Years ago I was drinking sangrias at a cock fight outside of Cuernavaca, Mexico, with a guy who had just gotten fired from the Mexican finance ministry (long story, don’t ask).
Among other things we talked about (like why did you take me to a cock fight?) also asked him why he got fired. He said something like, “The US is in a financial crisis, and whenever your economy stumbles, ours collapses. You are like a giant water buffalo and we are the little animals that live in its coat. When you are healthy, we are fine. But if you fall over, or run stupidly into a fire, you get hurt, but we burn up. We are your needed, but unwanted bastard step-child.”
That was a long time ago and the financial crisis passed and now we are in another one. But our conversation has been haunting me as our nation is once again mired in the worst financial briar patch in generations. I wonder how my friend is doing these days?
During the fake money boom years of the
The second thing is trade. Developing countries are like export platforms to places like the
The third thing is remittances, Those are the extra money that immigrants send home after cleaning toilets in
As if we didn’t need any evidence, a recent study put out by the British Institute for Development Studies showed that underclasses in poor countries are eating less often, pulling their children out of schools to work the fields, and families are being broken up as husbands are forced to leave home looking for work. Remember too, that in addition to the present crisis, last year’s oil price spike and multi-national crop failure and creeping climate change, had already begun causing human destruction throughout the third world like a modern black plague.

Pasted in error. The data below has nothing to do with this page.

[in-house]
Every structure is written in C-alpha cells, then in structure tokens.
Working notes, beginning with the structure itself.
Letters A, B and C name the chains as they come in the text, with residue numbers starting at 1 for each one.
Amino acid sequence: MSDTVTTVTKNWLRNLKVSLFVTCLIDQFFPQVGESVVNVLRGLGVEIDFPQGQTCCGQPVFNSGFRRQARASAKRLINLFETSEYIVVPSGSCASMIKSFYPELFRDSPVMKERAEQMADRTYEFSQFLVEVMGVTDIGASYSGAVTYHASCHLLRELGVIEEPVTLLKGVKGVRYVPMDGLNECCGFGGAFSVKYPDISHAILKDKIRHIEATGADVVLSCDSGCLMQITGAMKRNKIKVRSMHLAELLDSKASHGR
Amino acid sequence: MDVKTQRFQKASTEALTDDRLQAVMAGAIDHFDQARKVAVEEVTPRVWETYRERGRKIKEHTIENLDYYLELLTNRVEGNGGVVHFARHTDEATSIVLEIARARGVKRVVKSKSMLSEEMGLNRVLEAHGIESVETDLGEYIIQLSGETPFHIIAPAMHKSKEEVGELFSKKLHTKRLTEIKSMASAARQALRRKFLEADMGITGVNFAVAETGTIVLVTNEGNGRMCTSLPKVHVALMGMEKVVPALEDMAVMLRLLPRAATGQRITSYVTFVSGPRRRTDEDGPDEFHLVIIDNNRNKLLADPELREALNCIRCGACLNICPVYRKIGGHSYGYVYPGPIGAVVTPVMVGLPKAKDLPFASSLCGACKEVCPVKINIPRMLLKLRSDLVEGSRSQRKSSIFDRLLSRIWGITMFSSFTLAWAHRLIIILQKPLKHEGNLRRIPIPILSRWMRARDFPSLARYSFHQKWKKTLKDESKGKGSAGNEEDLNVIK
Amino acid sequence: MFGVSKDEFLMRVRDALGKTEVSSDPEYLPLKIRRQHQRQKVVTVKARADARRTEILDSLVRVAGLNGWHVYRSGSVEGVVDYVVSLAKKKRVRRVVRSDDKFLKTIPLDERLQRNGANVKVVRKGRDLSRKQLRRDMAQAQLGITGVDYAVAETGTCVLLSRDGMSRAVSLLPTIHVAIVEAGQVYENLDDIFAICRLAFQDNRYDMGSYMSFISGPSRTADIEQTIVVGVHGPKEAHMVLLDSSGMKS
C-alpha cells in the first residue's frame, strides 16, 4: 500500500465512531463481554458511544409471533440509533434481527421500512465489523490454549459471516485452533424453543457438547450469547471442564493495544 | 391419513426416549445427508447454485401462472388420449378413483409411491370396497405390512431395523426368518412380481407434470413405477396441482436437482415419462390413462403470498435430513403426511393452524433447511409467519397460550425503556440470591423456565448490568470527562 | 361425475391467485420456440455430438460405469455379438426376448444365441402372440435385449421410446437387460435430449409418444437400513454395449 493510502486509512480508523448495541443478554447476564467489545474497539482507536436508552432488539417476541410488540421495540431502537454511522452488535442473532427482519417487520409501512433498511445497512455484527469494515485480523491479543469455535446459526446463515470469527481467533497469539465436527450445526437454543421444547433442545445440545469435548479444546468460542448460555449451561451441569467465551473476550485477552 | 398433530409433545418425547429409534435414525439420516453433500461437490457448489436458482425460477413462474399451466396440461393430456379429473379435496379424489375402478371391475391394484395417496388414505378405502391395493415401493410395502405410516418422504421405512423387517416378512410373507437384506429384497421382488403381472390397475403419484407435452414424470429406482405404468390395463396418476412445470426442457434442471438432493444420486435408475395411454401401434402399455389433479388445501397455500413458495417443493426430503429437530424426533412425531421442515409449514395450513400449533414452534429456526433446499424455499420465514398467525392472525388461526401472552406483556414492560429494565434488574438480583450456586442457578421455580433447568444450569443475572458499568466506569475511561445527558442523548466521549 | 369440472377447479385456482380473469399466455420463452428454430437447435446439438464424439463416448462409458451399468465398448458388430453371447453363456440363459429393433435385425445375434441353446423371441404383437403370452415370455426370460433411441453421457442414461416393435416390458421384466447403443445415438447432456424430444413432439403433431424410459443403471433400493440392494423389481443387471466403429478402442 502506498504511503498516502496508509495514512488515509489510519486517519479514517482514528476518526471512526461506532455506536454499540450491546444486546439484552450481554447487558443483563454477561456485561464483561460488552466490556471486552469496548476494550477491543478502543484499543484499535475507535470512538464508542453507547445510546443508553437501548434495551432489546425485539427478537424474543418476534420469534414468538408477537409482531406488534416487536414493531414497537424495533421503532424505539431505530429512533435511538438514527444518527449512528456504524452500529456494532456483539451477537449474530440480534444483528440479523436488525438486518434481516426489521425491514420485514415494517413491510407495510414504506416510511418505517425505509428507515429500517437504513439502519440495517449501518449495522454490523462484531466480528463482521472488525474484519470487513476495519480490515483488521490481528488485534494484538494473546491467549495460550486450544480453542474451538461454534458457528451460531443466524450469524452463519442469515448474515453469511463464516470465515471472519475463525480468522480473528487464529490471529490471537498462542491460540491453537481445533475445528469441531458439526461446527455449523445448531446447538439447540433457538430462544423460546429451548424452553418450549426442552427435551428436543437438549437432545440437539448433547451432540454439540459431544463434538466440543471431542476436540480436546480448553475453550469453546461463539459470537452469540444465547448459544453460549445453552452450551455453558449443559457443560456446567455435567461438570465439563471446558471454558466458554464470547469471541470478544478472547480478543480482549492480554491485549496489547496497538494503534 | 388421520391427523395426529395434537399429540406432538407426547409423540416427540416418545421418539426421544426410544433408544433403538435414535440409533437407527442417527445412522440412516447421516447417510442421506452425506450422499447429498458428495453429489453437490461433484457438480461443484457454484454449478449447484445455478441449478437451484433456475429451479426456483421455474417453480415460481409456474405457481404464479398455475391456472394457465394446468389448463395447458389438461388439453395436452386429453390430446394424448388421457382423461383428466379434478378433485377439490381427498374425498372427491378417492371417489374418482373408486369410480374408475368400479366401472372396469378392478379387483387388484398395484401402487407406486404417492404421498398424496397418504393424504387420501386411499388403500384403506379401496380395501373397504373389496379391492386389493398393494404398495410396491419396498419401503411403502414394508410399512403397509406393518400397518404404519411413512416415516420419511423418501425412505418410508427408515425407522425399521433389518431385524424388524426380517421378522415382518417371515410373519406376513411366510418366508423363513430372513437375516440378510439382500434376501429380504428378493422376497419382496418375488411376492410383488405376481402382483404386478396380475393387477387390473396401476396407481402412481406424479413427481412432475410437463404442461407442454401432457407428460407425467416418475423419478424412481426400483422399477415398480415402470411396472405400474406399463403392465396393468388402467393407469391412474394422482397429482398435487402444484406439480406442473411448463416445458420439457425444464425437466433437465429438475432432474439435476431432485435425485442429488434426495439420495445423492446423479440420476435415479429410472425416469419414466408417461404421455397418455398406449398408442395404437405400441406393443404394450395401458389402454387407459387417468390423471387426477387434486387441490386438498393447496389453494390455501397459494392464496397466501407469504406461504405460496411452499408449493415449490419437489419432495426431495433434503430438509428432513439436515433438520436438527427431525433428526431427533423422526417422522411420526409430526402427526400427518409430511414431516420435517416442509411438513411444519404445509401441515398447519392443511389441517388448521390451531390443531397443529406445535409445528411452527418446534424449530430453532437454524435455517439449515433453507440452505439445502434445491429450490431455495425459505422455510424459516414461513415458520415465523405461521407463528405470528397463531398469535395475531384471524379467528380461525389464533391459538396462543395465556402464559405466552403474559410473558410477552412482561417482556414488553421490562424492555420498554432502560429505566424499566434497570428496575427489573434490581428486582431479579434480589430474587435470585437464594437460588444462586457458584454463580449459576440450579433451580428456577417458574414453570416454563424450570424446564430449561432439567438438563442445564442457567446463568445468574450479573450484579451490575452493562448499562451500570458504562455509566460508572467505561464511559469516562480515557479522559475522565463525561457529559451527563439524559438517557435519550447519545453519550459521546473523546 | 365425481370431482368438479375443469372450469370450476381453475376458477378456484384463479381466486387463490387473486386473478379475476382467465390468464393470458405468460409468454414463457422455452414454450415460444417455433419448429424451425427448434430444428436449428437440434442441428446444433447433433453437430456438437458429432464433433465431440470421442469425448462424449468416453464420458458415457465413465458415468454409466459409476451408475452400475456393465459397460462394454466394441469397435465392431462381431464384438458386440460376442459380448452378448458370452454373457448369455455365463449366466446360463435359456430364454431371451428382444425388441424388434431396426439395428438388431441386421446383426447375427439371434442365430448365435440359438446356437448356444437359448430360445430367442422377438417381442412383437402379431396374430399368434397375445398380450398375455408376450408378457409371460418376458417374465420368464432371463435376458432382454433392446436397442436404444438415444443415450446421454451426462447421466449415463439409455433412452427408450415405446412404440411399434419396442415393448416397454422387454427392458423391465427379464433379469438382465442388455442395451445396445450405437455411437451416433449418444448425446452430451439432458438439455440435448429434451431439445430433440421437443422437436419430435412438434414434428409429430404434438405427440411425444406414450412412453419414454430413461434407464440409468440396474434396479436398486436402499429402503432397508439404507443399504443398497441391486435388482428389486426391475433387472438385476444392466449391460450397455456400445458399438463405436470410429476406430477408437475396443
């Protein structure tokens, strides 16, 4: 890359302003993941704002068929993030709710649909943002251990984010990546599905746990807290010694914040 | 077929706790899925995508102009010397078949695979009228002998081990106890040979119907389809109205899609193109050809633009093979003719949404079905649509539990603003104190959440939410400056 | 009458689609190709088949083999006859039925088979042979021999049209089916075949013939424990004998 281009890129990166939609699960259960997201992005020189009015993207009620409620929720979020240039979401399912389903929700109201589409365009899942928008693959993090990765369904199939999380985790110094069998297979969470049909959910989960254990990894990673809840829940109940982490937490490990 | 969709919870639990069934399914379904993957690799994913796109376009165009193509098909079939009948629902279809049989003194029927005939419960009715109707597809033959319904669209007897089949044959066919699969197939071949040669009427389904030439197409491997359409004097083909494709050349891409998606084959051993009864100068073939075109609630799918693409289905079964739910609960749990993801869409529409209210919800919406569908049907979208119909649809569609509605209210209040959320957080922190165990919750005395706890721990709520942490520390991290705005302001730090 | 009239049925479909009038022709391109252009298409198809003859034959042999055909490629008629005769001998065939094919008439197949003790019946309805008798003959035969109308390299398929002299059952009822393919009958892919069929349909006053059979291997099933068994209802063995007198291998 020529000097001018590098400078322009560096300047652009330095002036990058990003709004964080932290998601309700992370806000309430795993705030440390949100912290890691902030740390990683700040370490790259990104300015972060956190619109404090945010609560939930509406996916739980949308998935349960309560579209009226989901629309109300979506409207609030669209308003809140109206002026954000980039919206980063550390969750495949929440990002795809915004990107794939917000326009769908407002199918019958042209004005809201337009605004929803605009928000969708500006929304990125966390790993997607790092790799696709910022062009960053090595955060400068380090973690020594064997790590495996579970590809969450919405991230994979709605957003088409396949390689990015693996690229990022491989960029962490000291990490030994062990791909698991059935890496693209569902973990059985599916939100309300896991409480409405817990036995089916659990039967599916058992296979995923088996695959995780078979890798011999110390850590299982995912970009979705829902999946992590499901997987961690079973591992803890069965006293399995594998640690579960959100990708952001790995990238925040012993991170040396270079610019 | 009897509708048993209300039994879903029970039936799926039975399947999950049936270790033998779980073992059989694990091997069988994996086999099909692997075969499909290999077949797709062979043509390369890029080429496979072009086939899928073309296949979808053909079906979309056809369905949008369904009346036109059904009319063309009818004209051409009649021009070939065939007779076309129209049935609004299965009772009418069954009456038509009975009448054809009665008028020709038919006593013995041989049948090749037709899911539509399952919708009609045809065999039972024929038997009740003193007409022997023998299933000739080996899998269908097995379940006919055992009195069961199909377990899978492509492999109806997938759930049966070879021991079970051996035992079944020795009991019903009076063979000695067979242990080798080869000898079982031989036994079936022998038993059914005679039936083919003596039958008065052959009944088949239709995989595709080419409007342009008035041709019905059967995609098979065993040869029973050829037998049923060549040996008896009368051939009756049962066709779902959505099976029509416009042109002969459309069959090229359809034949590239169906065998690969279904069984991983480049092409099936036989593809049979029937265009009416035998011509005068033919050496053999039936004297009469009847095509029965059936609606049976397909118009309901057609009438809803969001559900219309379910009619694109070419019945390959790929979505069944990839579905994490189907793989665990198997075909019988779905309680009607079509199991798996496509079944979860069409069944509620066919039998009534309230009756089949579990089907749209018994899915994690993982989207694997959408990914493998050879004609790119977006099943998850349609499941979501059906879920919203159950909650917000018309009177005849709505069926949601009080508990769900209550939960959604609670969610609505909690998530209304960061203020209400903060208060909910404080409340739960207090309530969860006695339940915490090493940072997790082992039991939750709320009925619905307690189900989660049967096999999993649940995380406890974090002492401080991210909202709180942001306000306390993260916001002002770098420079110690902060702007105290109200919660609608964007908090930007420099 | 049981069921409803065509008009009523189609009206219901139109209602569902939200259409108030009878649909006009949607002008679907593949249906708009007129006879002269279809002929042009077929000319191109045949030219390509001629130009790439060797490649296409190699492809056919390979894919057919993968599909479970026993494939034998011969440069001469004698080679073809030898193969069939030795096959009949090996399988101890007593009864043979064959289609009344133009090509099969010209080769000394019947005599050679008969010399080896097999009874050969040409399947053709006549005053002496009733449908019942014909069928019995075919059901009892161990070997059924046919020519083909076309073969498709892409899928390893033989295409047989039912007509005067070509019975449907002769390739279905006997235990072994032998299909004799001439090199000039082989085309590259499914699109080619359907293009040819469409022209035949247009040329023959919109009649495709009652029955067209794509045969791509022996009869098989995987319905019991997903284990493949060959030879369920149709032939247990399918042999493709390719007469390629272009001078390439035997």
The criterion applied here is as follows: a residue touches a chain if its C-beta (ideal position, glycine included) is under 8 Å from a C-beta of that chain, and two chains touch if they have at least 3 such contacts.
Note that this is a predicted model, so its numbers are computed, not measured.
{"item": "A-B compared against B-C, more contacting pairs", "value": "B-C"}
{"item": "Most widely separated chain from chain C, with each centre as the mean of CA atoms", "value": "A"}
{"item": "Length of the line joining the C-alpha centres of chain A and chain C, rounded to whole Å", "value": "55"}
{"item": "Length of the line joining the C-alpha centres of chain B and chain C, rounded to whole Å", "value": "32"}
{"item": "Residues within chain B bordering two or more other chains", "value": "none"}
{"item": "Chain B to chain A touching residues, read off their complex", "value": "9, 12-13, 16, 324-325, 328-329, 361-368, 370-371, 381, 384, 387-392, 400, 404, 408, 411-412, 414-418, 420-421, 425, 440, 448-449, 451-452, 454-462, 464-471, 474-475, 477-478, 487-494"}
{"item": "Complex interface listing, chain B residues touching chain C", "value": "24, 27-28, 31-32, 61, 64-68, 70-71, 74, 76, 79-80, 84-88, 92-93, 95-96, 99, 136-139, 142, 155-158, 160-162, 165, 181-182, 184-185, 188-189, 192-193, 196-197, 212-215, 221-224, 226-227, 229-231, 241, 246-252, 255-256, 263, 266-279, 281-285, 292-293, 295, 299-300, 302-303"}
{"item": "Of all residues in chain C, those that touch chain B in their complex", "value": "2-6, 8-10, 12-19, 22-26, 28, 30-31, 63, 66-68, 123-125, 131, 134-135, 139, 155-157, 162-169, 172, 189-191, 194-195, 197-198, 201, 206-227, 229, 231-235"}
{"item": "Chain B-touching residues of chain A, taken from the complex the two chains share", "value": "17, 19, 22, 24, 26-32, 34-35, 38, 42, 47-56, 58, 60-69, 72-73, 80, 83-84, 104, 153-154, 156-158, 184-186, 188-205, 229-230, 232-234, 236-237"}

So, what can you and I do about it? Well, the short answer is not much. On a macro level, even if the wealthy countries stepped up to the plate and spent the paltry $20 billion they promised in April to help the developing world (which they won’t) it still wouldn’t make up for the amount that has been lost by the decline in remittances. And if you and I gave more money to Church World Service (which we should), cumulatively it would help only a fraction of the people who have lost their homes to the global destruction.
What it would take in the long run would be a complete re-drawing of the global economic map. The financial crisis that we are going through is terrible, but it is a bi-product of a much deeper economic structural problem that until addressed will continue to force these wild and painful bi-polar economic mood swings onto the world forever.
Things like an international regulatory agency with enforcement powers which could reign in the banks who make dangerous obsessive compulsive bets with other peoples’ money. And do it with impunity because they know that they will always be bailed out by rich country governments if they bet the farm and lose everything.
Re-writing of global trade rules that are now subtly (and sometimes not so subtly) biased towards the countries with the most money (remember the Golden Rule: Those who have the gold get to make the rules). And an end to policies that force poor countries to continually over produce, which is good for us because we can buy things for less money, but bad for them because they have to sell things for less money.
Dismantling (and in some cases arresting) the oligarchies who have ruled both rich and poor countries (starting with our own) since at least the beginning of the modern age of globalization (which I put at August, 1982, but that’s for another time).